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Engaging communities + Provoking change

​Implementation: A recap

On Wednesday May 10, Implementation, the fourth and final event in the Fulfilling the Promise: Community Building and the Emerald Necklace series, shared the knowledge and know-how needed to successfully complete Boston’s Emerald Necklace along Columbia Road. The panelists brought both local and global perspectives to this invigorating and ongoing conversation.

Marie Law Adams AIA, founding principal of Landing Studio, offered unique insight into her work to integrate infrastructure and public realm projects in both Boston and New York. Andrew Howard AICP, co-founder of Better Block and principal of Better Block Consulting, shared the successes of small, grassroots tactical urbanism projects worldwide. Mark Klopfer AIA, ASLA, principal of Klopfer Martin Design Group, brought a landscape perspective to the table with a robust portfolio of public realm projects everywhere from Abu Dhabi to Shanghai.

Event moderator Matthew Kiefer, director at Goulston & Storrs, also provided valuable perspective  into the complexities of land-use planning, design, and policy when undertaking an ambitious project such as the completion of the Emerald Necklace.

Embracing the collaborative and creative nature of community planning, the conversation was designed to be as inclusive and organic as possible. Following a few focused questions for the panel from the moderator, community members were encouraged to ask questions and share their own ideas. 

This community conversation yielded the following pieces of advice for greenway and corridor planning and the completion of the Emerald Necklace: 

  • Define the opportunity. Make sure that community members, team members and civic leaders have a shared understanding of the project and its potential. A “T” shaped engagement process that offers both breadth and depth of topic may help to facilitate this shared understanding.
  • Strive for a timeless design. Our ideas about design change quickly and as a result design trends change quickly. The most successful designs are therefore those that can speak to both the past and future—just like the Emerald Necklace itself.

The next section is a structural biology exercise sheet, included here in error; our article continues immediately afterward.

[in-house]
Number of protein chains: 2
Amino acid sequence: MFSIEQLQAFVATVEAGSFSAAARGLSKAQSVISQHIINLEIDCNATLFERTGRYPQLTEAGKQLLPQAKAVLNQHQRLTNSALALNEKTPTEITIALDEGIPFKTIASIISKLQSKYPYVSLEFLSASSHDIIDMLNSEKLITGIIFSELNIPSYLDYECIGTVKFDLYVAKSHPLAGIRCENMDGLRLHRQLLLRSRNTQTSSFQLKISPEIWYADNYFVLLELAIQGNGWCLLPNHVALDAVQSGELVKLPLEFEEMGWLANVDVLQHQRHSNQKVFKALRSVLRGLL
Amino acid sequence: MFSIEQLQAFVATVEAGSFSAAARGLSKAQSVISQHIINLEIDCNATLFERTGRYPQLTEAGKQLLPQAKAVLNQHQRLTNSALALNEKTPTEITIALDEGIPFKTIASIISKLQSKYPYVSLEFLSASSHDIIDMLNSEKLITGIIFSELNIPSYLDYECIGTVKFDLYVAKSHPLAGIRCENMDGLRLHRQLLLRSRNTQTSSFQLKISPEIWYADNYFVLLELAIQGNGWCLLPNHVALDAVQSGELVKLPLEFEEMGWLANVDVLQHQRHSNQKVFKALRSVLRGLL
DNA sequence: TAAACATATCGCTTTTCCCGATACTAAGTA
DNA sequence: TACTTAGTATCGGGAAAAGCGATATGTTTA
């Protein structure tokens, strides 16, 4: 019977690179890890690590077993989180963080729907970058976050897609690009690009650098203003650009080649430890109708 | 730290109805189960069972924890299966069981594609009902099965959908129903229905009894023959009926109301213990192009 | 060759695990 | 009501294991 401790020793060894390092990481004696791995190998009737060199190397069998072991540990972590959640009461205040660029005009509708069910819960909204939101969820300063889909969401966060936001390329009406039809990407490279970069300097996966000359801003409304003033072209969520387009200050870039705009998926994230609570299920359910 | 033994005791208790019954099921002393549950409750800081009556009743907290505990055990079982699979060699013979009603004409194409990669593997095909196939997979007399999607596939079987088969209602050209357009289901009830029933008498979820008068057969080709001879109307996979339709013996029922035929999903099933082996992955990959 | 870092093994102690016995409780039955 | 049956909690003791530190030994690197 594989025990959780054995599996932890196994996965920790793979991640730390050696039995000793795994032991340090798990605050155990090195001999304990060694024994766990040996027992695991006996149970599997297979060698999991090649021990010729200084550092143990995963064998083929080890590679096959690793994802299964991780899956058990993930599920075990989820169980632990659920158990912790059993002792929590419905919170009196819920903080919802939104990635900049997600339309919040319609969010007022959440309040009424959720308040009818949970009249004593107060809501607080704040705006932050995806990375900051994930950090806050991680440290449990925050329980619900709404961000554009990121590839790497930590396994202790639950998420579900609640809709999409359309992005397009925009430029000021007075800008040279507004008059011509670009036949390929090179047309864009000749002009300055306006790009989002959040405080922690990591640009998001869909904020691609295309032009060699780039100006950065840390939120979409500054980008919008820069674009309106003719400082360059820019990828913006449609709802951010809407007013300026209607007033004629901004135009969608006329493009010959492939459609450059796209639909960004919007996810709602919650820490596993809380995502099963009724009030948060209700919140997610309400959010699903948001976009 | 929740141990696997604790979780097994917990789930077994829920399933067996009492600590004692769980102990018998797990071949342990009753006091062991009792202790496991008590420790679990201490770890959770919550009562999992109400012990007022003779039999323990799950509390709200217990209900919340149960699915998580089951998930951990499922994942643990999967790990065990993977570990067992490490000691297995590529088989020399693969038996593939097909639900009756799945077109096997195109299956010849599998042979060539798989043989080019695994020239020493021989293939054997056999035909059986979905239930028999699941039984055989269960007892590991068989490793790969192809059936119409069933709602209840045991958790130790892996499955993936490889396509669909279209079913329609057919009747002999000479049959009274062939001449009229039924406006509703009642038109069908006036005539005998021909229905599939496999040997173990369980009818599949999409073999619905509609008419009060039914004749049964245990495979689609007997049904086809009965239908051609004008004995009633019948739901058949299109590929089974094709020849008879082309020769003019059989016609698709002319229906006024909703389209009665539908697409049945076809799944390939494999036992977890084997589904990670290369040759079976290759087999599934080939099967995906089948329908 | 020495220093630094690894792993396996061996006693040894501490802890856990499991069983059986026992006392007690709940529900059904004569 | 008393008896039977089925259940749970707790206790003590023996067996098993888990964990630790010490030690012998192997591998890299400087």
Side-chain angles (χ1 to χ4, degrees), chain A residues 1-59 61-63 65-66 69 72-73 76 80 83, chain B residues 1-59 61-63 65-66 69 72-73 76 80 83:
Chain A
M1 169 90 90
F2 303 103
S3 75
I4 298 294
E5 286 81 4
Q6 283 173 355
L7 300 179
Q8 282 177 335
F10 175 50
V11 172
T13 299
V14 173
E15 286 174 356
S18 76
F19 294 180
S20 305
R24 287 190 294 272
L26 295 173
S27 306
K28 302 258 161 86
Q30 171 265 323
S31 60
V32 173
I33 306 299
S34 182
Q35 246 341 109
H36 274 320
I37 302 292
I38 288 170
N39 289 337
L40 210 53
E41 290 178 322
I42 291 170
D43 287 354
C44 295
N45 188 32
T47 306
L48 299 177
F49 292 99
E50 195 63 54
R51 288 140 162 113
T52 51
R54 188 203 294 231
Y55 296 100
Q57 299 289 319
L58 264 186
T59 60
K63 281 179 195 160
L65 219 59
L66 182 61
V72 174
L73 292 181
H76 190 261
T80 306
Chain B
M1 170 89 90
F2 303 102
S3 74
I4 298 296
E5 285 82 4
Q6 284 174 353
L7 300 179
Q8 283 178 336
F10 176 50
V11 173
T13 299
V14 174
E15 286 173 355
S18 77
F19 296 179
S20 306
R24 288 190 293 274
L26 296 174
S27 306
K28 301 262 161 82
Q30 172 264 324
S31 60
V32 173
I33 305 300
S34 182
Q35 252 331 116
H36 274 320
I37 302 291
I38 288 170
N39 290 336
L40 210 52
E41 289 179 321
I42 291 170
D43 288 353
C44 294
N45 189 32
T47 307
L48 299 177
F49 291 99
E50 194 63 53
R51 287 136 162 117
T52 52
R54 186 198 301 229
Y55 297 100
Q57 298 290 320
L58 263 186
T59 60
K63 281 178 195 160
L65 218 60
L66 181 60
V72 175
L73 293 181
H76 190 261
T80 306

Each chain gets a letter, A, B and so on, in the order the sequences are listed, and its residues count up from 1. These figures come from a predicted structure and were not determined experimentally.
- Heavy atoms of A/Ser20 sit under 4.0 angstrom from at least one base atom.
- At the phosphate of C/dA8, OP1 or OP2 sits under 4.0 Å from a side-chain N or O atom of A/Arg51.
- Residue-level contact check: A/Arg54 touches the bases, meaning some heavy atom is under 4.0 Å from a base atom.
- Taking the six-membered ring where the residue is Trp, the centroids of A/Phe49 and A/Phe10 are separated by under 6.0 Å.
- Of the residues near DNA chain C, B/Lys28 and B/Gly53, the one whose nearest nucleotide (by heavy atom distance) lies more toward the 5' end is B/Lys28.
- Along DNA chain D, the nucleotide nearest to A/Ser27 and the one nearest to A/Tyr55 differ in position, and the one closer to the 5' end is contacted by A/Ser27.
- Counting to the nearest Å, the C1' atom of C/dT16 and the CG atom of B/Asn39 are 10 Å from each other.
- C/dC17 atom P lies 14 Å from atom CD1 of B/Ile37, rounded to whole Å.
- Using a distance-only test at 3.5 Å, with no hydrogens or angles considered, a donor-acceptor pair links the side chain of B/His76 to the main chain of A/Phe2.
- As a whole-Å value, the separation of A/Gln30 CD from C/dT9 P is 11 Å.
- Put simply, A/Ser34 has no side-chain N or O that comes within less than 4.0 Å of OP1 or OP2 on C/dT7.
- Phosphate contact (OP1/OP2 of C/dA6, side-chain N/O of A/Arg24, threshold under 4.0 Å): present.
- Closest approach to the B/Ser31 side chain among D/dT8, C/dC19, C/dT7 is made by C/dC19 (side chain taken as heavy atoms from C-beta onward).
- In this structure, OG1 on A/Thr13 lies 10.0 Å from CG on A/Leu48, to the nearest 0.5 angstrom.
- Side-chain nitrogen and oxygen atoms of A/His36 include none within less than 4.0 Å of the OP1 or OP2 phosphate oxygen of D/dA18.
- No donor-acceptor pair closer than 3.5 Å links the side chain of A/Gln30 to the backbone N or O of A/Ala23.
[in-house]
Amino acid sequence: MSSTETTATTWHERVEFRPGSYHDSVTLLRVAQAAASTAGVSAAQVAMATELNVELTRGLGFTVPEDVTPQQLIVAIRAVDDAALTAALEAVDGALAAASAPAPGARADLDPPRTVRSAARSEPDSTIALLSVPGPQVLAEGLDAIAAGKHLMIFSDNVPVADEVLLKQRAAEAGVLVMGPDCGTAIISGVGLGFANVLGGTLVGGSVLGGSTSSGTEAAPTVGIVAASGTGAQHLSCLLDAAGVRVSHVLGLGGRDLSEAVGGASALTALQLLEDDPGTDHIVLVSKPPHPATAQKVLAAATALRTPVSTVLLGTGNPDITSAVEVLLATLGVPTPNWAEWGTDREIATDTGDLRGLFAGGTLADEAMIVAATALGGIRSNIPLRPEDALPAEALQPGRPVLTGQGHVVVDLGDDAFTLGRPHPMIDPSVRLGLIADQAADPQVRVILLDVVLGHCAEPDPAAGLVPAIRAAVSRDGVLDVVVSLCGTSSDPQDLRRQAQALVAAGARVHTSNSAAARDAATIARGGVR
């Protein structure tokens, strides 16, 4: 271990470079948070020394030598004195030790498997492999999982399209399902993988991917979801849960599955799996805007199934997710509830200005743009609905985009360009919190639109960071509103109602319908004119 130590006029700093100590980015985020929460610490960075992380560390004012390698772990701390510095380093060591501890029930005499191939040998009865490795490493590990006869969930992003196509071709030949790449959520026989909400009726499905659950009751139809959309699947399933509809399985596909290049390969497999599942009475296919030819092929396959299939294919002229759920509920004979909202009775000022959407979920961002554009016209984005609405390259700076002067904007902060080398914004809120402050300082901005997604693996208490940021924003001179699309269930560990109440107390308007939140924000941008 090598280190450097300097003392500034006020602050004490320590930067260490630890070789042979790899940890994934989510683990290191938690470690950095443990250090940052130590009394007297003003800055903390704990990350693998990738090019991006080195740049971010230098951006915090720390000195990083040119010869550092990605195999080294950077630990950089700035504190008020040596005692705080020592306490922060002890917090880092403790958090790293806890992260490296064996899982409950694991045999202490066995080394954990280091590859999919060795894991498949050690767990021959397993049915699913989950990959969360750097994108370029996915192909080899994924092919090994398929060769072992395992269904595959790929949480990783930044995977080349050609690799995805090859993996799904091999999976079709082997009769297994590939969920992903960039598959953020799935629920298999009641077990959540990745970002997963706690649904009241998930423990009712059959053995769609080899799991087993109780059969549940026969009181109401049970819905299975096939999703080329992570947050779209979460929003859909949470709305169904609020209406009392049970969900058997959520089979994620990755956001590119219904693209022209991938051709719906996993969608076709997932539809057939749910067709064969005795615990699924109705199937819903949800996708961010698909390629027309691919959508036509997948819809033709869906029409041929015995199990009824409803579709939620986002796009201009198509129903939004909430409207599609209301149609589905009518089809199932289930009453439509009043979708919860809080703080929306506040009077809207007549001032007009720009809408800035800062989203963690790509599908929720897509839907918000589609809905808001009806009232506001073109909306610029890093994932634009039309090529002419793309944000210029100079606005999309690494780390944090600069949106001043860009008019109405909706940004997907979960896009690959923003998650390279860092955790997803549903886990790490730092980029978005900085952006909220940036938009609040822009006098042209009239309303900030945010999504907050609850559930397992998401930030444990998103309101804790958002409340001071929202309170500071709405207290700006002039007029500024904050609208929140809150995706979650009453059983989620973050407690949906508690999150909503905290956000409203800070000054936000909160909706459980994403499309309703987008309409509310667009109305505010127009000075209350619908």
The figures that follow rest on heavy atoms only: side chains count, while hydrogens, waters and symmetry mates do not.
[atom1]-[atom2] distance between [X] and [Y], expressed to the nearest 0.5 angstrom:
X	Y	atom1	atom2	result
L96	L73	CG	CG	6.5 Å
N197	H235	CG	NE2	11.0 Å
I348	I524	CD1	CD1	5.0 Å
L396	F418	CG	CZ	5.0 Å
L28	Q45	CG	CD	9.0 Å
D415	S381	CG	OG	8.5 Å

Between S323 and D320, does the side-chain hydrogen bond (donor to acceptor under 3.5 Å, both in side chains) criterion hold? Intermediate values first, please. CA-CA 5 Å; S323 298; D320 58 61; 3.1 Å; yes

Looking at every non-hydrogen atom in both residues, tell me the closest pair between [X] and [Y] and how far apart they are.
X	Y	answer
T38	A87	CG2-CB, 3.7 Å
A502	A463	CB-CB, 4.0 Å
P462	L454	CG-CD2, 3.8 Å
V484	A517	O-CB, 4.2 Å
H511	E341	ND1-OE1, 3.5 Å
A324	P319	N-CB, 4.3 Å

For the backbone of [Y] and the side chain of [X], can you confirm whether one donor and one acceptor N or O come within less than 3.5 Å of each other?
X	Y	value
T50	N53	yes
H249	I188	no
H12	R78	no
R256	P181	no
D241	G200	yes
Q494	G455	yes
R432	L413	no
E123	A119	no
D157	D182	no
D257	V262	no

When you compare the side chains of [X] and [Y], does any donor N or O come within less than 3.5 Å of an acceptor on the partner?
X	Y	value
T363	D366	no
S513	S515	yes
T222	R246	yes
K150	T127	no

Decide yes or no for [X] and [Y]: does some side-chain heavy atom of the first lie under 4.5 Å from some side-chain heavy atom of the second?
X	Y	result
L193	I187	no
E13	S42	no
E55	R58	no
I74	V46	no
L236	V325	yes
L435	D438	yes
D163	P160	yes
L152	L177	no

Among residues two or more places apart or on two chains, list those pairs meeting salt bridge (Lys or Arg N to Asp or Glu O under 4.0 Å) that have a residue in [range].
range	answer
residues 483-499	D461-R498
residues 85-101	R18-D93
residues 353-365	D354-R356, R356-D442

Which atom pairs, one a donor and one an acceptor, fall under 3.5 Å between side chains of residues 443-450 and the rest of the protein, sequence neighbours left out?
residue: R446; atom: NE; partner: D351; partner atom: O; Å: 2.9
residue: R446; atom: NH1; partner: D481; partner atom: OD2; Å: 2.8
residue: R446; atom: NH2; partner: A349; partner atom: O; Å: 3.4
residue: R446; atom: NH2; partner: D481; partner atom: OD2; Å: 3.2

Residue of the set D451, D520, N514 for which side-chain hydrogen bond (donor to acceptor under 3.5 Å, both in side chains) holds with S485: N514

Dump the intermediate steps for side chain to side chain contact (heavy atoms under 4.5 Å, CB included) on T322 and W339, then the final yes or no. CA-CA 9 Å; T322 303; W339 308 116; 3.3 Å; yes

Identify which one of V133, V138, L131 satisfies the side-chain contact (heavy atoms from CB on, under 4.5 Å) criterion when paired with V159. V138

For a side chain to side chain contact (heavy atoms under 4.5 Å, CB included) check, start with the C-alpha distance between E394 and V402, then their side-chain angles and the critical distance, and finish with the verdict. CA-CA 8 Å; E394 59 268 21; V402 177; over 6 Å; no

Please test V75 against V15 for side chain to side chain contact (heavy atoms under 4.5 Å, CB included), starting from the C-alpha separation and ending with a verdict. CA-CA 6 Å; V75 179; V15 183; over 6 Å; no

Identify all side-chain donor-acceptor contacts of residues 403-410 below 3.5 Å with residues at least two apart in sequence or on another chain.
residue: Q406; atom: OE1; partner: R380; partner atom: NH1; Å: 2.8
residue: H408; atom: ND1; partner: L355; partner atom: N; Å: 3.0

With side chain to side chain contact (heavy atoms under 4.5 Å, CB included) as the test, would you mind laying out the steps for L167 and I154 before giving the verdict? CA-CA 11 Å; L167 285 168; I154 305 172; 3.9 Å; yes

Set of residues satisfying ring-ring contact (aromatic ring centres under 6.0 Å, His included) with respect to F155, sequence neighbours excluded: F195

• Create a destination. In addition to serving as critical urban connectors, greenways and corridors can also be destinations in and of themselves. For Columbia Road, this might mean introducing new or improving existing cultural or community assets that would benefit the surrounding neighborhoods. It might also mean enhancing adjacent elements of the Emerald Necklace, such as Franklin Park.
  • Shoot for local flair and funding. The best public spaces are those that feel like a part of the community itself. Such spaces are often supported by local developers, small business owners and community members alike. Together with public private partnerships and other creative funding mechanisms, such groups can provide not just economic but also social investment in the community. (Fun fact: a local developer partnered with the Massachusetts Department of Transportation to create the new Ink Underground park that is located under I-93 in the South End and designed by Landing Studio.)
  • Think big, start small. Find new ways of interpreting public space at all scales. It is important to understand the big picture and how to get there. In the case of the Columbia Road corridor, this means first appreciating this corridor’s unique scale within the city. At 2.3 miles long, this corridor represents an opportunity as grand as the Greenway, Esplanade or Emerald Necklace itself. However, small scale interventions and short term urban solutions (such as parklets or temporary bike lanes) could be a great way to get people excited about and onboard with a bigger vision.

Of course, none of this can be achieved without the right team. That’s why it is essential to engage and involve everyone from designers and economists to local community members and civic leaders from the very beginning of the planning process. This series did just that. Over the course of the spring 2017.

A great start to a great project, Fulfilling the Promise: Community Building and the Emerald Necklace series, truly brought our community and city together to understand and analyze the opportunity at hand. The series achieved its goal to frame this exciting project by not only getting people thinking, but also talking.

By continuing the conversations started here and following the remarkable advice of the series’ thoughtful speakers and community participants, Boston is now poised and prepared to help steward the creation of its next great public space. 

Fulfilling the Promise: Community Building and the Emerald Necklace, a program of the BSA Foundation, is sponsored by the Chleck Family Foundation.

View the video that was broadcast on Facebook live below.


To learn more about how the BSA Foundation is making an impact in communities, please come to BSA Space for a one hour “tour” of BSA Foundation programs. Meet with Foundation leaders and volunteers to learn broadly about the Foundation’s work and its impact. Foundation Conversation meetings are held on the second and fourth Wednesdays of every month. Events are free, but seats are limited. Check for upcoming dates and to reserve your seat.